He walked as quietly as he could behind the last couple leaving by the front door, and headed down the front steps. He turned around at the bottom of the stairs, watching as the security guards locked up, and punched the buttons that Willow had told them were the front end alarm system. Damn Spike. Tonight was supposed to be surveillance night: get in, get a feel for the place, check out the exits Willow had marked on the map. No one was supposed to get stranded inside or outside.

Xander supposed he’d better wait by the car. He could open the doors and start the engine, so he could be ready in case Spike came out a back entrance in a hurry. He turned to the parking lot. And the evening had started out with such potential.

A hand clamped down over his mouth, and before he could even try to bite it, an arm wrapped around his waist. He was picked up and twirled around two or three times, the museum and the street swirling by him at a rapid pace, the car lights blurring as they sped by. Set down suddenly, the hand disappeared from his mouth, and there was Spike in front of him, laughing manically.

“Where the hell have you been, you asshole!” It probably wasn’t the best thing he could have yelled, but he was a bit rattled, and that was all he could think of.

Spike just laughed louder, and wrapped his arm around Xander’s shoulders. That was a good thing, since Xander was still a little dizzy from his trip on the whirling dervish by the name of Spike.

“C’mon, mate. I’m a bit peckish. Fancy some pizza, or maybe some burgers and fries? My treat!” Spike’s eyes glinted in the streetlights, and his smile was contagious.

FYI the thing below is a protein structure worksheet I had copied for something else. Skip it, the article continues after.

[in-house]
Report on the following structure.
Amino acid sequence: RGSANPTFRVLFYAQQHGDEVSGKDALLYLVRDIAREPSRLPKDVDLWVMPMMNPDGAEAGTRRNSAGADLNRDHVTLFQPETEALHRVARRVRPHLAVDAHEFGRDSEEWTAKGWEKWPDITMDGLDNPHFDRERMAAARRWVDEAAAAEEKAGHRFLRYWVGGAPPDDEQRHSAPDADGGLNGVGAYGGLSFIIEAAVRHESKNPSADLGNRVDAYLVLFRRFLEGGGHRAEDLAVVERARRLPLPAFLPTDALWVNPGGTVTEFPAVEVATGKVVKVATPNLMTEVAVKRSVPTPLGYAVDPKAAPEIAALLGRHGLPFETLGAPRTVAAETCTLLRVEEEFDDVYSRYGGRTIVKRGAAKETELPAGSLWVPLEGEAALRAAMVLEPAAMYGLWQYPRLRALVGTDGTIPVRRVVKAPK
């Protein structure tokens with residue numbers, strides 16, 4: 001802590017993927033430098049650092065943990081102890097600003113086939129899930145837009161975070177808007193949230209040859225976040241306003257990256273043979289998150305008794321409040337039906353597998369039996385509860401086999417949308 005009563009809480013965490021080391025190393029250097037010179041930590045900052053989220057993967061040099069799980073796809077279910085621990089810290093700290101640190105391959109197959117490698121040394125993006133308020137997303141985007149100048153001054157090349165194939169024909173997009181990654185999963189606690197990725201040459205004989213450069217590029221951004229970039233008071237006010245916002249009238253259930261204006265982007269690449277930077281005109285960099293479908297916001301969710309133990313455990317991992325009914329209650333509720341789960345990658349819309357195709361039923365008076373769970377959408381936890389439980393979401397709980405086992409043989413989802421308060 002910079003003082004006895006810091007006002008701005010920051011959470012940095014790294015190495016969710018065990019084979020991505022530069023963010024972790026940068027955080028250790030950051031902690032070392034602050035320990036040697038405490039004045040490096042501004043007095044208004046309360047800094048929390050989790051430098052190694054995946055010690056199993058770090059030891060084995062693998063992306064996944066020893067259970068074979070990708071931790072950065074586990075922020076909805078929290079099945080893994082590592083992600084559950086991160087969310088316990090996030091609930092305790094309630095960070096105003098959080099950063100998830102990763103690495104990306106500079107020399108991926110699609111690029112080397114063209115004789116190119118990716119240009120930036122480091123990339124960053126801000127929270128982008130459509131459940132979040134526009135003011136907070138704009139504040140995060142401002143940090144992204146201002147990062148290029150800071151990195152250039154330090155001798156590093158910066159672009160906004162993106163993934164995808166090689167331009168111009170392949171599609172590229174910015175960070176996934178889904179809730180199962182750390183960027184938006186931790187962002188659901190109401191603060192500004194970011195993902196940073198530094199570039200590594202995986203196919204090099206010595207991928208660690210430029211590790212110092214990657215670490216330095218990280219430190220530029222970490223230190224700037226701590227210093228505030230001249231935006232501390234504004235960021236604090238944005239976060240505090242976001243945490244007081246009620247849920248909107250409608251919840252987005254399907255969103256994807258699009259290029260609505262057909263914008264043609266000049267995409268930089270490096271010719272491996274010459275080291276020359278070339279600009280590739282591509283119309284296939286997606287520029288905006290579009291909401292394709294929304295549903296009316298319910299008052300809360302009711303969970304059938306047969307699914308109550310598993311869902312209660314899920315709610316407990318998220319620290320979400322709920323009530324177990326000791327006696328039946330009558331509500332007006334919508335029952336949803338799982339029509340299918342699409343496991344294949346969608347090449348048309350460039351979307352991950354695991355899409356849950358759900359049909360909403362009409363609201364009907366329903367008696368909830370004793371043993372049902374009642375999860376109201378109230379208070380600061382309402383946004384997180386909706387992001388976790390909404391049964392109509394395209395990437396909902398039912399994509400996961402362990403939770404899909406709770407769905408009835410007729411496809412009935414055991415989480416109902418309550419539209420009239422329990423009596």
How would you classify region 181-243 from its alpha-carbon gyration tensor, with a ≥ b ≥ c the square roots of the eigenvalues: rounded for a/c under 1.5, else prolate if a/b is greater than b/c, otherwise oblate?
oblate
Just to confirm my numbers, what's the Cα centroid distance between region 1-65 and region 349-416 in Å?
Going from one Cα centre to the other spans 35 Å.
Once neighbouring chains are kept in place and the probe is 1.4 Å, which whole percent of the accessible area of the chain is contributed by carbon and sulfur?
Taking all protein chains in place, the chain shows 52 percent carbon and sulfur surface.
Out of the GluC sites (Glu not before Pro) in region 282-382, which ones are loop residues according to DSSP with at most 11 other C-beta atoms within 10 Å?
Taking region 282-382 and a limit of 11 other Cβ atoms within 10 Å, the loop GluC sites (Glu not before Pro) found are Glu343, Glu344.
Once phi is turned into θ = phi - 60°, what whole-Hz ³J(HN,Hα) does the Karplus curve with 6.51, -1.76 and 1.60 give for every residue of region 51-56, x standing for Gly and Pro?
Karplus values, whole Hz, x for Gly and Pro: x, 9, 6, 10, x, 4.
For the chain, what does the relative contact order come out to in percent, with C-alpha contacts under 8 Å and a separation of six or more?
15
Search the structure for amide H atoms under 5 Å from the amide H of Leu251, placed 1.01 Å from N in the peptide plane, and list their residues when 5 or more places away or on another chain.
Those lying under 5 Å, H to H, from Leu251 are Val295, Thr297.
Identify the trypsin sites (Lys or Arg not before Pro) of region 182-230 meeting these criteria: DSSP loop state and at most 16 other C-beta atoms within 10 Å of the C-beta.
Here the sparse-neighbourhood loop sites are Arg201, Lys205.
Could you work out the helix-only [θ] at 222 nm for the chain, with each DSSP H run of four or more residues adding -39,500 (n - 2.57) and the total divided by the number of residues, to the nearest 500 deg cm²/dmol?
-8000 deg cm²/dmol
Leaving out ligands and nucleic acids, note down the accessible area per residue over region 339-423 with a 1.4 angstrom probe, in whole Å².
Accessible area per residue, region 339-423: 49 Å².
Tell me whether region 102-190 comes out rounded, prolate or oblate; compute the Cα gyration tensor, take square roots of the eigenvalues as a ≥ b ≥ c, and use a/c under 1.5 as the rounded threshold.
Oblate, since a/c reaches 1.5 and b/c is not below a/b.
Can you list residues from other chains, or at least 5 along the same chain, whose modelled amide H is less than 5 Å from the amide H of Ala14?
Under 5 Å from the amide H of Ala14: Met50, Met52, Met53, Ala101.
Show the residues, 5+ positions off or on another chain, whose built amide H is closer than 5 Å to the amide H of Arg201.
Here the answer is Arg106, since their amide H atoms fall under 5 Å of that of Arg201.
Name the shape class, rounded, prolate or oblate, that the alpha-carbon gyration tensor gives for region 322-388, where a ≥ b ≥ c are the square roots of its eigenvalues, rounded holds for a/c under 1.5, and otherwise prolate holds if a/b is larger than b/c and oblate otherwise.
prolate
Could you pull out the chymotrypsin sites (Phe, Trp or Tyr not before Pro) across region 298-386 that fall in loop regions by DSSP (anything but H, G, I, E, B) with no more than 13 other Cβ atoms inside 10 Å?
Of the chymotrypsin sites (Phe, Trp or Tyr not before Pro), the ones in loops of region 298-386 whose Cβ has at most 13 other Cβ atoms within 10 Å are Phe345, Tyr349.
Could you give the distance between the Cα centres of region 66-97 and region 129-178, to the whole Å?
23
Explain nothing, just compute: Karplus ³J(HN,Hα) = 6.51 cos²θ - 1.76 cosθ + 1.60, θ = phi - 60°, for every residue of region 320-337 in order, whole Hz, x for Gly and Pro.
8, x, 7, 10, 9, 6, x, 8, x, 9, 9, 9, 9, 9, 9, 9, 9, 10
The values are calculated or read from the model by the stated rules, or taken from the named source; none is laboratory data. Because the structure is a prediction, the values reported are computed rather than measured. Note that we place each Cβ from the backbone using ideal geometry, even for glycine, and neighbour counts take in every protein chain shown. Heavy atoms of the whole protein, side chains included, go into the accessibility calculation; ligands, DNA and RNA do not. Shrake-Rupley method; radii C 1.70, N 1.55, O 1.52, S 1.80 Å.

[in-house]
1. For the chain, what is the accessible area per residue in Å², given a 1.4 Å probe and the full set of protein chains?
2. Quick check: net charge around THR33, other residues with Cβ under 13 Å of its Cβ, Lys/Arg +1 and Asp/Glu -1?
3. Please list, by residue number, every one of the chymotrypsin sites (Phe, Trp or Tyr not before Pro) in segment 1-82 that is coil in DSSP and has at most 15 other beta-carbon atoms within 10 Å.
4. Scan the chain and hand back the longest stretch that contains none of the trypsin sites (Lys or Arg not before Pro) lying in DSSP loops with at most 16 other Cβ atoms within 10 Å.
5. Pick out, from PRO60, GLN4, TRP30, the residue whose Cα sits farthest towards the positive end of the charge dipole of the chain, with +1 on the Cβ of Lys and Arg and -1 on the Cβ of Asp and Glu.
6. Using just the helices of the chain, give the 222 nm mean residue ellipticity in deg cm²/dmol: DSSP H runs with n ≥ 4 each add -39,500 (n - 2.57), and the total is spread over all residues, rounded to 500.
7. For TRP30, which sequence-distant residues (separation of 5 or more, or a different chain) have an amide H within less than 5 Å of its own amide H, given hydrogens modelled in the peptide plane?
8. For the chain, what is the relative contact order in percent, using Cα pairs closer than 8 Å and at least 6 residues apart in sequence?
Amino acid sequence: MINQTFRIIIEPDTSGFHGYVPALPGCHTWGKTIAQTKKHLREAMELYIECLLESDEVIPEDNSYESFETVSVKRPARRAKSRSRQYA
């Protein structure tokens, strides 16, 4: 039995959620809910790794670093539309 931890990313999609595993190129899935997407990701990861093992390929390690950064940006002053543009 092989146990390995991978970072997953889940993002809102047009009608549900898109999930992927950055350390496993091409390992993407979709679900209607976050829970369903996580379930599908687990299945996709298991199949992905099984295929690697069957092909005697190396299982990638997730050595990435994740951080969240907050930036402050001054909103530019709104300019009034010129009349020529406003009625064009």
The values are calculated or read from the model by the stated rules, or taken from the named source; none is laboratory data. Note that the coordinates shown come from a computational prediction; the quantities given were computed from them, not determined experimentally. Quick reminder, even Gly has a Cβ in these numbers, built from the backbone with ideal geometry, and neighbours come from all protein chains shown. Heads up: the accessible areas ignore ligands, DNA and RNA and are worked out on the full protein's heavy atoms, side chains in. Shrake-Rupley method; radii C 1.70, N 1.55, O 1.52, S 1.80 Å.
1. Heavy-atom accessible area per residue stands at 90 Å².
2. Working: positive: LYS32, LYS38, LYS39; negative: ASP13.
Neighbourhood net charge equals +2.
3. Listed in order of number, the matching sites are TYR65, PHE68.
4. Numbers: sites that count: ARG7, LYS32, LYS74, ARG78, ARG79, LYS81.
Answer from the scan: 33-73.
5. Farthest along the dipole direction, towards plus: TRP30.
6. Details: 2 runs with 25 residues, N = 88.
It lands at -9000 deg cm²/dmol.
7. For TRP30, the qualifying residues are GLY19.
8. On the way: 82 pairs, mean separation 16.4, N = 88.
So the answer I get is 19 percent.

“Your treat? Right. How many people did you pick the pockets of tonight?”

“All right. You got me.” He pulled a fat wallet out of his pocket. “Charles Rangle’s treat.” Before Xander had done more than open his mouth, Spike was talking again. “He’s the bloke was yelling at his kid. The one that was crying in the dinosaur display, remember him? What an arswipe. Not his kid’s fault he was scared of the mean looking dino.”

“Oh.” That guy had really pissed Xander off. He had a feeling that if they’d been home, the kid would have been hit for his behavior, and in Xander’s book, that was never okay. “All right, we can eat on his dime. Just this once.”

“That’s more like it, mate.” Spike wrapped his arm around Xander’s shoulders again as they walked to the car. “I have a feeling we’re going to have a fine meal tonight. What do you say about steak?”

Xander rolled his eyes. Well, if he was going to be one of Robin Hood’s Merry Men, he supposed he needed to get used to this kind of thing. The guy definitely deserved it, and besides, as long as Spike kept putting his arm around Xander, he’d agree to most anything. Jeeze. He was so easy.